It is going 99 cents real fast. What happened? I don't know, and that first album forever keeps them in my good graces, but I know it's over now. I think a great album at this stage would be a miracle. This ain't it.

Mick: The Wild Life and Mad Genius of Jagger
Mick: The Wild Life and Mad Genius of Jagger
by Christopher Andersen
Edition: Hardcover
Price: $18.85
172 used & new from $0.01

41 of 48 people found the following review helpful
1.0 out of 5 stars What rubbish, July 16, 2012
Honestly, I don't know what the hell was true. The women rolled in and out as if on a conveyor belt. The men, almost, too. The writing quality of this thing is absolute trash. Keith Richards, with a little help, wrote a real humdinger, full of insight, great stories, context, frank admissions, music and the rock 'n roll life of the man who laid down the blueprint for thousands to follow. This thing here is a catalog of crud. If it's all true, get a real writer to put it in readable semblance. Mick Jagger is a brilliant artist, one of the greatest songsmiths, recording artists and performers in the history of, at least, recorded music. What value, exactly, are we getting out of this mess?
Comment Comments (8) | Permalink | Most recent comment: Jul 11, 2013 12:17 AM PDT

Wrecking Ball (Vinyl LP)
Wrecking Ball (Vinyl LP)
Offered by IMS Distribution
Price: $19.39
50 used & new from $12.81

94 of 127 people found the following review helpful
3.0 out of 5 stars Soft Ball, March 8, 2012
This review is from: Wrecking Ball (Vinyl LP) (Vinyl)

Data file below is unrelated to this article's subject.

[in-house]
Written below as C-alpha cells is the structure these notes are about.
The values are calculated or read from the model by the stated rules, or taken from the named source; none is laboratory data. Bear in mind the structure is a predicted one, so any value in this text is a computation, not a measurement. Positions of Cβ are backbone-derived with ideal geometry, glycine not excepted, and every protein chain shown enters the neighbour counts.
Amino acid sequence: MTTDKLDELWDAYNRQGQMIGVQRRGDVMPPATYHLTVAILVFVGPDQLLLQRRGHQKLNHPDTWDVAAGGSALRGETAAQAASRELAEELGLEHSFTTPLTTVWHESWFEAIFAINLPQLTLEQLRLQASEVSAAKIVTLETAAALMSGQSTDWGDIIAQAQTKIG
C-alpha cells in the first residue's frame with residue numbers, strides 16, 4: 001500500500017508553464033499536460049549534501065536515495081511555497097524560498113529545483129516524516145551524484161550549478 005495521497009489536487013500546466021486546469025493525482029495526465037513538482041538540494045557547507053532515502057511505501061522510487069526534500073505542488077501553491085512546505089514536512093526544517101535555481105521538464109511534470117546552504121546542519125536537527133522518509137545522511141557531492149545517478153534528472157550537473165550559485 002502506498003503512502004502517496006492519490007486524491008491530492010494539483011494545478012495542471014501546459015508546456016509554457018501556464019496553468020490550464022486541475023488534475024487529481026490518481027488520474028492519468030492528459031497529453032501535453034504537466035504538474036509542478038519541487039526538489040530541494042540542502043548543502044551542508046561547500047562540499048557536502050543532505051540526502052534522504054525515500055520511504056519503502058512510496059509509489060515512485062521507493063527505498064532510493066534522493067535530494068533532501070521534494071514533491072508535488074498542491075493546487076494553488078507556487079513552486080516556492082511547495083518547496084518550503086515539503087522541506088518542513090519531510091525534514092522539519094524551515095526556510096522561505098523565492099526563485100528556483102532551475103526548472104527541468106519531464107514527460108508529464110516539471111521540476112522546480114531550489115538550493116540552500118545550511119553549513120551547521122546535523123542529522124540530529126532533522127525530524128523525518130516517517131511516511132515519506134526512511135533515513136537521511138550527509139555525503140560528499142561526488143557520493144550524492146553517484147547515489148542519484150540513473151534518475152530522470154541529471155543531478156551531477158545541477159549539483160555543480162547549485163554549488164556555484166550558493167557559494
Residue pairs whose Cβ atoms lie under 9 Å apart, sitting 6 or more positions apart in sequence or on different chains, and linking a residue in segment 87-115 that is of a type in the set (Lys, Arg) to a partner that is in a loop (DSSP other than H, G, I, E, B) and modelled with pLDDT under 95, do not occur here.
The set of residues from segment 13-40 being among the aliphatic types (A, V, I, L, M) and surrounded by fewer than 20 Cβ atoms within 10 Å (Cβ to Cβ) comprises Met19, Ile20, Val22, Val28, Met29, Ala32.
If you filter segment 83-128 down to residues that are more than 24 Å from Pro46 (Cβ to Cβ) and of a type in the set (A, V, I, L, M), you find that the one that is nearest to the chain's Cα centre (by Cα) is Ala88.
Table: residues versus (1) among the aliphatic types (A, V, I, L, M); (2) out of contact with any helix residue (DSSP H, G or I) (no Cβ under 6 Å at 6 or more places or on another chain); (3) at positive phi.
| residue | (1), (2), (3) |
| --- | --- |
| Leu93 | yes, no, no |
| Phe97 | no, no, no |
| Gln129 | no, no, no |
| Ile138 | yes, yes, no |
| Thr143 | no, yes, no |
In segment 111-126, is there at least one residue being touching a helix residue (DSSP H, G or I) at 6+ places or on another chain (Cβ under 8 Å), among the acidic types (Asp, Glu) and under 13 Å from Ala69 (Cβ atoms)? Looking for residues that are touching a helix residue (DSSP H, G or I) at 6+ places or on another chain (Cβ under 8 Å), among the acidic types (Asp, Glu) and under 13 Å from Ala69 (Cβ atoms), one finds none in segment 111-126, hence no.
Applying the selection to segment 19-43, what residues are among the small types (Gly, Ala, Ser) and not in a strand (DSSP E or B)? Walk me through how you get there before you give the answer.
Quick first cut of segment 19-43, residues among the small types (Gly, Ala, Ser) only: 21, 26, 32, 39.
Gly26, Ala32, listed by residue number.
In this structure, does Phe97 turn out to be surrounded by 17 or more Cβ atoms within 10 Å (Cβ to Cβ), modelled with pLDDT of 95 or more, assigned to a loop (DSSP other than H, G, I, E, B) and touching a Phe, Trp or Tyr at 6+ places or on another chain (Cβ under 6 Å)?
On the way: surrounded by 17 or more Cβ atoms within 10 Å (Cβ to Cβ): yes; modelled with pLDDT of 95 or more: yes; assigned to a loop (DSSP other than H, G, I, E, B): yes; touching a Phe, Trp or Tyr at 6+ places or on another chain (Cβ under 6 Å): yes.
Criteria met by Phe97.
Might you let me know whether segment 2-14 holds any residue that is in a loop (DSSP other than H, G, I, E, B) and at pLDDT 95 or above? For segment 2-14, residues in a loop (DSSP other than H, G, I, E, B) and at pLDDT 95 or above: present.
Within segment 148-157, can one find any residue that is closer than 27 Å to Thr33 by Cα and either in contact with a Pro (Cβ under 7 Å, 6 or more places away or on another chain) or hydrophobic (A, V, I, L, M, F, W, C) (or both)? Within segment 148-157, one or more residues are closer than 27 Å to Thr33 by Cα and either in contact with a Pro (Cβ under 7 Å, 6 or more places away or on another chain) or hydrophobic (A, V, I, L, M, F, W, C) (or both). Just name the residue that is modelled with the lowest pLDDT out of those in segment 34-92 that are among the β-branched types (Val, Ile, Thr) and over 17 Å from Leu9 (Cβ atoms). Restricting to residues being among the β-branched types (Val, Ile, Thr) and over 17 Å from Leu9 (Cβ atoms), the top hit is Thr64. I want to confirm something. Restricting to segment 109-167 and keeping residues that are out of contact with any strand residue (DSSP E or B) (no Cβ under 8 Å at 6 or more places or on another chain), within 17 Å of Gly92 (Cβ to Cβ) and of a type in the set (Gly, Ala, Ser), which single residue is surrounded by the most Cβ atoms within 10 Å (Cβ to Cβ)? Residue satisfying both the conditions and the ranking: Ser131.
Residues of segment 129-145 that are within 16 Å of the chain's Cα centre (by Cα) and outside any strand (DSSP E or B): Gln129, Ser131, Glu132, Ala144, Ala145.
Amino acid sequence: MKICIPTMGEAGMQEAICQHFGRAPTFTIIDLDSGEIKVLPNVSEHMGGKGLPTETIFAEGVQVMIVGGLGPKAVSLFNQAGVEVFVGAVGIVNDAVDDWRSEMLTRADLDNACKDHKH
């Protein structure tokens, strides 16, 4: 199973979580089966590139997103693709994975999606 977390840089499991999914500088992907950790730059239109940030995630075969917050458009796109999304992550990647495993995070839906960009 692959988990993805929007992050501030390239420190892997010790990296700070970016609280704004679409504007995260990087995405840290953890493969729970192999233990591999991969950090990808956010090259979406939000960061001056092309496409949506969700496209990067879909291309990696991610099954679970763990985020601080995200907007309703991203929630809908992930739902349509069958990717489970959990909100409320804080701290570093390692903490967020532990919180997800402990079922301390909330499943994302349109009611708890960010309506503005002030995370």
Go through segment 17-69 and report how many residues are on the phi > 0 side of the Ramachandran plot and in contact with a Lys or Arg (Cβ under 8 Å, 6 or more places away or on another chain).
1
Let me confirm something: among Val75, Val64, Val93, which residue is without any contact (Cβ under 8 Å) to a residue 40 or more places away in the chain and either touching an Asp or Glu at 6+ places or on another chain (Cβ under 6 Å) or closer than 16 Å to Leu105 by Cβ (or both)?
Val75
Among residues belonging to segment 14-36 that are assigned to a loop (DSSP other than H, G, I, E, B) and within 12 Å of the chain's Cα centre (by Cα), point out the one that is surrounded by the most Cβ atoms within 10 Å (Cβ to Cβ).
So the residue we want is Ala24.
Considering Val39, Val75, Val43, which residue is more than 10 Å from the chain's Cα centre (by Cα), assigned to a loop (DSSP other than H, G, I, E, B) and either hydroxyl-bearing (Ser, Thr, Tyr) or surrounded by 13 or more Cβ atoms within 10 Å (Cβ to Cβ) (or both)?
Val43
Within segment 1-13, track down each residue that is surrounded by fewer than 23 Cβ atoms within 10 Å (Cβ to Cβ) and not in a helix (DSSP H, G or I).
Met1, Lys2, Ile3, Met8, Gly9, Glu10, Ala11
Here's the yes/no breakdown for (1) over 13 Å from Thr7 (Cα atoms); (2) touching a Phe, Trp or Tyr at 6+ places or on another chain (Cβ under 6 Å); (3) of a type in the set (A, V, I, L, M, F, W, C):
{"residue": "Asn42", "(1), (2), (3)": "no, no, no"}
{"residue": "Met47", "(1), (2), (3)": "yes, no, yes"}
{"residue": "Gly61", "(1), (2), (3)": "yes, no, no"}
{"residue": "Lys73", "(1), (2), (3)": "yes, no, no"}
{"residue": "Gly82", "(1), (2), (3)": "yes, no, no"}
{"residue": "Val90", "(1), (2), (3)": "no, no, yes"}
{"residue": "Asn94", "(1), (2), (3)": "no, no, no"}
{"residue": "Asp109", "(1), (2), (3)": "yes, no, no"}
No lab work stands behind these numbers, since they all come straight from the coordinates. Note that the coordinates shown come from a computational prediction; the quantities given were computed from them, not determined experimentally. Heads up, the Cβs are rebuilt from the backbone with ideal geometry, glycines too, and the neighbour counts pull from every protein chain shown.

Bruce wants to carve lyrics in stones that can be thrown at the fortresses of power. The problem is that he has abandoned the storytelling that got him here. His small was always writ large, and now, on Wrecking Ball, it's all large, even when invoking the weak and exploited among us. His brilliant "The Rising" in response to the World Trade Center attack, dealt in majestic language that dropped down, at least in brush strokes, into identifiably real lives. The power there was fueled by a cohesive musical vision. Here, that musical vision feels very much that of a producer, one I've never heard of making his first appearance on a Springsteen record. It's bloated and poorly defined. I hate the lousy choirs and cheap artificial drums and layer upon layer of stuff. Penny whistles bleating through what could be a Fairlight Computer. Where is the thunder? The enterprise is more dirigible, impressive but in no way agile. I can imagine, over time, hooking into some of this, but Bruce used to grab you by the jugular right away. He sings out battle cries on "Wrecking Ball" but shows up to the battlefield in a Toyota Avalon. The late Clarence Clemons makes a stirring appearance in a recycled (from the New York live album) "Land of Hopes and Dreams," and I like this studio version just fine. Most of the record, however, feels like the work of a once-important late-middle-aged pro who no longer prowls and breathes the fire of the night. I still like to believe some day this brilliant hero will find his best form again. Bruce is too great to count out. It's just not happening here.